The Divine Pursuit: Seeking Love and Holiness in the Song of Songs (Part 7)

Together Again (Song 4:1-5:1)

I took a 6-month hiatus from the Song of Songs, but, fear not, I have returned. Last December, I walked through Song 3:6-11, which depicts a bride and her groom excitedly approaching one another on their wedding day. I suggested that the beautiful moment of unity shared between the two lovers can be read as an allegorical depiction of Israel returning to a state of spotless, sinless purity before God. In chapter 4, the man and the woman finally consummate their marriage in, of all places, a garden.

Garden imagery is a prominent feature of the Song of Songs. Throughout the book, the writer awakens the reader’s senses with images of lush vegetation, vibrant flowers, plump, succulent fruits, majestic trees, sweet honey, and invigorating spices. This highly sensuous poetry is meant to capture and celebrate the physical thrill of human love as God intended it.

Song 4 is a lengthy poem from the man’s perspective as he gazes upon his bride in all of her spotless perfection. His euphemisms leave little to the imagination – though I would not recommend trying to read this poem as a romantic gesture to your significant other today. Comparing her hair to a flock of goats probably would not achieve the desired effect. But I digress.

Throughout Scripture, garden imagery represents much more than mere physical pleasure. Israel’s tabernacle and later her Temple were ornately decorated with plants, flowers, and fine wood; a reminder of the paradise God created for man to cultivate. From the Garden of Eden to the Garden of Gethsemane, the garden represents a deeply intimate meeting place between man and God. Humanity’s story began in a garden before sin banished them from it. The people of Israel longed for the day when they would return to it.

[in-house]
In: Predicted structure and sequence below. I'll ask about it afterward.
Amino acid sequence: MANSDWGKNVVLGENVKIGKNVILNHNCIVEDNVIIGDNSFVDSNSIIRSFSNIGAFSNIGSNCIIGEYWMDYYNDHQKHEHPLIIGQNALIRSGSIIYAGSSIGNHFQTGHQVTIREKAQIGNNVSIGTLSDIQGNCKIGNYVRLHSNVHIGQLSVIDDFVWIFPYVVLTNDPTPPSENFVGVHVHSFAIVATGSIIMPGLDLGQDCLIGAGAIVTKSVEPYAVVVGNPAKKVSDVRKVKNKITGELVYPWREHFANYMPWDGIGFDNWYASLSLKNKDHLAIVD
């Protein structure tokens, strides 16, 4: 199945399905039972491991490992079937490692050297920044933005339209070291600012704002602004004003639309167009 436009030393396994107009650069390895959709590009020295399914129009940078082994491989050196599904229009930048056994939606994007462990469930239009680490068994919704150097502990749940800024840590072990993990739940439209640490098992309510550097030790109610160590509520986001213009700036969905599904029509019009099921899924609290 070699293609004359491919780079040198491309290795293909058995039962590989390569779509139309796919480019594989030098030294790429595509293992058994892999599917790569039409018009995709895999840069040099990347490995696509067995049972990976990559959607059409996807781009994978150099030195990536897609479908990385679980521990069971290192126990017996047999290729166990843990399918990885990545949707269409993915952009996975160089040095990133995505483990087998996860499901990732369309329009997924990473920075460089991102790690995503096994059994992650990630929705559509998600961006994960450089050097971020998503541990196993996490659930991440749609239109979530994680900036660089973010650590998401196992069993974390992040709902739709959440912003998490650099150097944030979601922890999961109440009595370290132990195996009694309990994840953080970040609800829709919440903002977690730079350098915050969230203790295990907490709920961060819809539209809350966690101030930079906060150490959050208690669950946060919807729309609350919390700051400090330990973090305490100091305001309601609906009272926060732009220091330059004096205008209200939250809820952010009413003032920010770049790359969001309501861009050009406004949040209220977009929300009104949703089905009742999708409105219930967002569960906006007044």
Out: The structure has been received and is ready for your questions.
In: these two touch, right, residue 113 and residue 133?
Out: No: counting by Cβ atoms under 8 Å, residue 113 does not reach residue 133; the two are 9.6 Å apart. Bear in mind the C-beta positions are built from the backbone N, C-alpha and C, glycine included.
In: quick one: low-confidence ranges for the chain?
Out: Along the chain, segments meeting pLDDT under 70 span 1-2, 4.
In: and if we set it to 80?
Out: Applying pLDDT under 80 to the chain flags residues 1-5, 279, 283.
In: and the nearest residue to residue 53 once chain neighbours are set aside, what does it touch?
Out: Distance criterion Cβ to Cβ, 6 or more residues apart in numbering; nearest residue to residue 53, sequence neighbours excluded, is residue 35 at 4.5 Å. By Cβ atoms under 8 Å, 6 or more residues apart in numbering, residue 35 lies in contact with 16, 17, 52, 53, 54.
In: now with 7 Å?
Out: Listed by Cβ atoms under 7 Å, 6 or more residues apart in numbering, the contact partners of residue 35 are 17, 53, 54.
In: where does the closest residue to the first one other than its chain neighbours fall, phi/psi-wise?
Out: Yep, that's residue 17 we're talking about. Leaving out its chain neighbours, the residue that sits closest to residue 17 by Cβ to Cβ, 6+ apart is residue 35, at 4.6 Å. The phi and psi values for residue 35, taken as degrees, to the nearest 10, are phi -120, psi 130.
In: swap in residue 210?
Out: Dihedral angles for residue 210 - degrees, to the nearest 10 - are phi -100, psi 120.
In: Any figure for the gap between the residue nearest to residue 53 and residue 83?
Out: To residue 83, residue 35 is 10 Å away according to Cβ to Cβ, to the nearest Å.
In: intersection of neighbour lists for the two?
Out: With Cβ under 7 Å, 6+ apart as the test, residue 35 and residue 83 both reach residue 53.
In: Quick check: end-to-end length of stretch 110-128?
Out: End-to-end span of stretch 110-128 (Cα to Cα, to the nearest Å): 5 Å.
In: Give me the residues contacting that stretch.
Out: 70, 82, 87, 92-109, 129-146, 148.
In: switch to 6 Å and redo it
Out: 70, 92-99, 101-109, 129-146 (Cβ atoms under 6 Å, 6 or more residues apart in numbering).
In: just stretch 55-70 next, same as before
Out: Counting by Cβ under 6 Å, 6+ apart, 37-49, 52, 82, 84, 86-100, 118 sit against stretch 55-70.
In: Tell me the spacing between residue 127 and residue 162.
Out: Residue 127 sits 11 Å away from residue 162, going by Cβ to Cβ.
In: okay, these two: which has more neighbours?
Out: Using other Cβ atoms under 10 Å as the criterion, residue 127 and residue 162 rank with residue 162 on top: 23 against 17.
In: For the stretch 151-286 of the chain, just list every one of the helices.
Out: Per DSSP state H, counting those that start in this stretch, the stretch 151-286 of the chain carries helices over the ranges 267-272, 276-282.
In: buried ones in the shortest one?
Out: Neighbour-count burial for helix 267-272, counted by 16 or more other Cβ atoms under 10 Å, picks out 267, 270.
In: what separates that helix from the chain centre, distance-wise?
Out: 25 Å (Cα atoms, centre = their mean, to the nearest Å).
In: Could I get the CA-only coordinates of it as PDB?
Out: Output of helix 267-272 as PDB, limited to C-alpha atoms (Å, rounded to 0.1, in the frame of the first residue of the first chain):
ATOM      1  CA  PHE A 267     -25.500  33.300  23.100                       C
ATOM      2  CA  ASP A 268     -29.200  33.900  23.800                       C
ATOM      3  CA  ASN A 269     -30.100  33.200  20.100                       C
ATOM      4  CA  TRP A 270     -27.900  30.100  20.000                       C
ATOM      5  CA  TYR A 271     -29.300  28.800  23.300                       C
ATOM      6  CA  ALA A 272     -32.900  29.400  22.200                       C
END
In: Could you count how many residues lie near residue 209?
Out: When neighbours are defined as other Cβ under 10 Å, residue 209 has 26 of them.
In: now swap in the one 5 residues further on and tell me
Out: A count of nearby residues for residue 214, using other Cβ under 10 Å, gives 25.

If one were to read Song of Songs allegorically (which I believe is a more than acceptable approach) Song 4-5:1 is a fitting follow-up to the wedding scene in 3:6-11. Israel has returned as a spotless bride from her wilderness sojourn and is finally united with her groom in paradise.

From the desert, to the garden. This was Israel’s eternal hope. It is a hope that we share. One day, we too will be presented before God in spotless perfection by Jesus, who has made us new, who advocates for our salvation, and who invites us again into God’s presence.

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